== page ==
Lord Leveson, the big legal cheese heading up the Inquiry into media behaviour and, it appears everything else in infinity and beyond, had his bewigged fronds bruised by the audacity of a member of a government duly elected by a majority of British voters who said
the Leveson Inquiry had created a ‘chilling atmosphere’ towards freedom of expression and any attempt to tighten regulation of newspapers could result in ‘a cure worse than the original disease’.
It is alleged that the noble lord was deeply aggrieved by such abusive language and perhaps he almost considered referring the matter to his unelected mates at the European Court of Human Rights. But, instead, he took the UK Establishment route. The unelected judge complained to an unelected civil servant, no less a figure than Sir Jeremy Heywood, the Cabinet Secretary and Britain’s pen pusher supreme.
Memos obviously went back and forth. Quiet words were probably whispered into certain ears. Attempts to unruffle feathers were made. No doubt the golden mantra of avoiding a “fuss” could be heard in the corridors of power. So when Michael Gove, the Secretary of State for Education, the minister who had so rattled the Levesonian cage, was summoned to give evidence to the Inquiry himself it was expected that, still smarting from rapped knuckles, he would, like Henry II in 1174, crawl on his knees in penance across the room, clothed in sackcloth and covered with ashes.
Instead the noble judge was shocked to find Mr. Gove not only defiant but openly aggressive in his attitude towards the Inquiry in general and His Levesonianship in particular.
Mr. Gove, the Education Secretary, gave an impassioned defence of the right to offend people as he gave evidence to the hearing on media ethics. Mr. Gove clashed with the judge several times, as he warned against knee-jerk decisions to put new restrictions on newspapers and broadcasters. “The cry, ‘Something must be done’ often leads to people doing something which isn’t always wise,”
Moreover he actually had the nerve to rebuke His Legal Lordship
The judge said he was concerned that the Education Secretary was prepared to put up with “unacceptable, albeit not necessarily criminal” behaviour from journalists because of the right to freedom of speech.
Mr. Gove said some cases of press misbehaviour were “deplorable” but argued that these could be punished under existing laws, such as defamation. “Freedom of speech doesn’t mean anything unless some people are going to be offended some of the time,” the minister said. Defending the “rough-edged” trade of journalism, the minister said it “twas ever thus” that reporters are unpopular. “Politicians and journalists have always tended to be held in relatively low regard,” he said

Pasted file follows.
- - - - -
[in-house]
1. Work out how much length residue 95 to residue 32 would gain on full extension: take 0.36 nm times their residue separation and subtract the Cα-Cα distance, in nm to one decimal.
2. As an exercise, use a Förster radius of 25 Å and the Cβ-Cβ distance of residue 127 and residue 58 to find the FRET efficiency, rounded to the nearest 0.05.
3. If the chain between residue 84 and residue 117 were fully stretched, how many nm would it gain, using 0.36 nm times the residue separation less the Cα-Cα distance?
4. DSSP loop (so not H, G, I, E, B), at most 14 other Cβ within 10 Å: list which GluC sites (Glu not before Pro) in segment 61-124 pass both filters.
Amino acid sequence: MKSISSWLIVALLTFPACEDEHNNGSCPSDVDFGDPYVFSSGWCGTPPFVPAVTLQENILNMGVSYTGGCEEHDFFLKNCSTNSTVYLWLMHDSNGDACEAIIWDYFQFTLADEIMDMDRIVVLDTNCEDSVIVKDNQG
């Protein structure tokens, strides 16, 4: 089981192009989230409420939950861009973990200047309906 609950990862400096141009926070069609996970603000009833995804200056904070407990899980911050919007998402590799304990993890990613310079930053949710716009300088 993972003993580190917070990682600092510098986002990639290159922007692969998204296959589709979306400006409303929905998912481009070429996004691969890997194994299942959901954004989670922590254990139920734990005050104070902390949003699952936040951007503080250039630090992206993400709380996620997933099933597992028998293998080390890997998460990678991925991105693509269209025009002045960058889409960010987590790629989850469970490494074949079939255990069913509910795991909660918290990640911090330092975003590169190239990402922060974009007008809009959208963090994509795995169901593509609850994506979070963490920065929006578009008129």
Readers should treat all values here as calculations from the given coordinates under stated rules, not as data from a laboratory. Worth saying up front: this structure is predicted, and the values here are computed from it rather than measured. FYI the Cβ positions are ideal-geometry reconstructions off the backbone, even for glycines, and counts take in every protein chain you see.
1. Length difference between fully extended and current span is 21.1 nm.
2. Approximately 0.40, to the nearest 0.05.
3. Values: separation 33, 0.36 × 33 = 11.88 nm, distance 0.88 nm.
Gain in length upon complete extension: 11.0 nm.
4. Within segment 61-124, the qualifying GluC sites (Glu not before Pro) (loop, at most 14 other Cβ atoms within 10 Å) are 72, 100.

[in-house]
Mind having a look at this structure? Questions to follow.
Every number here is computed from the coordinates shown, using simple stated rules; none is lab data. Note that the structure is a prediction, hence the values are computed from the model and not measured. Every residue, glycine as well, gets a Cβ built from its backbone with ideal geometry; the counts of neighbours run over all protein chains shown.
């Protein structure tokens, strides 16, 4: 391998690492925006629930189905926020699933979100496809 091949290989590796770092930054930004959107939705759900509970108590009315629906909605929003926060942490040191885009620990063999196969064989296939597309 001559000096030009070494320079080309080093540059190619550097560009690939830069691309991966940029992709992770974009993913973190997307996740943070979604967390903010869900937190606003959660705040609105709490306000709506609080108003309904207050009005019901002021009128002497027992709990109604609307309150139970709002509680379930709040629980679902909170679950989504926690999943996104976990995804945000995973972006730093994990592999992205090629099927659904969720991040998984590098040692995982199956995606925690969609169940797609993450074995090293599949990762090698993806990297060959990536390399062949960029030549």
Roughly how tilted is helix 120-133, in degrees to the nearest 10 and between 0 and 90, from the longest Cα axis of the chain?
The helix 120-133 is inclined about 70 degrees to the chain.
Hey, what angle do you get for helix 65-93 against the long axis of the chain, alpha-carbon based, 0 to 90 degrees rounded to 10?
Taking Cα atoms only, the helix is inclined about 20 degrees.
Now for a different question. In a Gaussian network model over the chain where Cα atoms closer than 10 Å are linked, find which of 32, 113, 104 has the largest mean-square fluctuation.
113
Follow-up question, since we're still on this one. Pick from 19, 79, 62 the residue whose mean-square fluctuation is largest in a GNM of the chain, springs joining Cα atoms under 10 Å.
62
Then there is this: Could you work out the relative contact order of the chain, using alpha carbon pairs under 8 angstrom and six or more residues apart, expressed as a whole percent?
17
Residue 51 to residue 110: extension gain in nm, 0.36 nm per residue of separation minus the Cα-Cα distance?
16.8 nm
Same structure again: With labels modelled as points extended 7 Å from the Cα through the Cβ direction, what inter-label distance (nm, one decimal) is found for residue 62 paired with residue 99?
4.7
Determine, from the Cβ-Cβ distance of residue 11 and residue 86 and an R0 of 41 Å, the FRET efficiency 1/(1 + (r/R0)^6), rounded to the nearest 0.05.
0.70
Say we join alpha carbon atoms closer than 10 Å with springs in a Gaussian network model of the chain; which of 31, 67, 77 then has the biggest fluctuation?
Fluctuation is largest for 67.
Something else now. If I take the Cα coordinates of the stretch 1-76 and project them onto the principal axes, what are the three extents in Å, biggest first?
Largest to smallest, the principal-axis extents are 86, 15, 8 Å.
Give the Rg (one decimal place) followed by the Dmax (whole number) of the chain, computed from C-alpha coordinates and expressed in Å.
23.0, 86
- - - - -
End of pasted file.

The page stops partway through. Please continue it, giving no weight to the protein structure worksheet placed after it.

Politicians and journalists have always tended to be held in relatively low regard
He might easily have added lawyers and judges…….
Mick Hume at Spiked sums up this farce in his usual straight from the hip style
We are faced with an almost medieval spectacle of a judge and his top lawyer acting as priestly men of wisdom, apparently drawing their authority from some higher power, to interrogate and pass judgement on elected politicians and other public figures from the mortal world. That might have seemed strange and worrying enough. Stranger and more worrying still, however, is that so many rational and liberal-minded figures have chosen not merely to kowtow to the unreasonable power of the inquisition, but to cheer on the inquisitors
Cameron’s attempt to hit this hacking affair into the long grass by setting up the Inquiry has been a signal failure. Instead of allowing the courts to decide if actual laws had been broken by examining evidence he merely provided an additional trough into which well heeled lawyers and celebrity weasels can plunge their snouts.
Full marks. then, to Mr Gove for pricking the Levesonian balloon. However, even more satisfying, it seems clear that the general public have already filed this as a circus of relevance only to the Westminster village. With the Eurozone imploding and the UK economy at ground zero the noble lord and his underlings are prancing around the sawdust to a rapidly dwindling audience.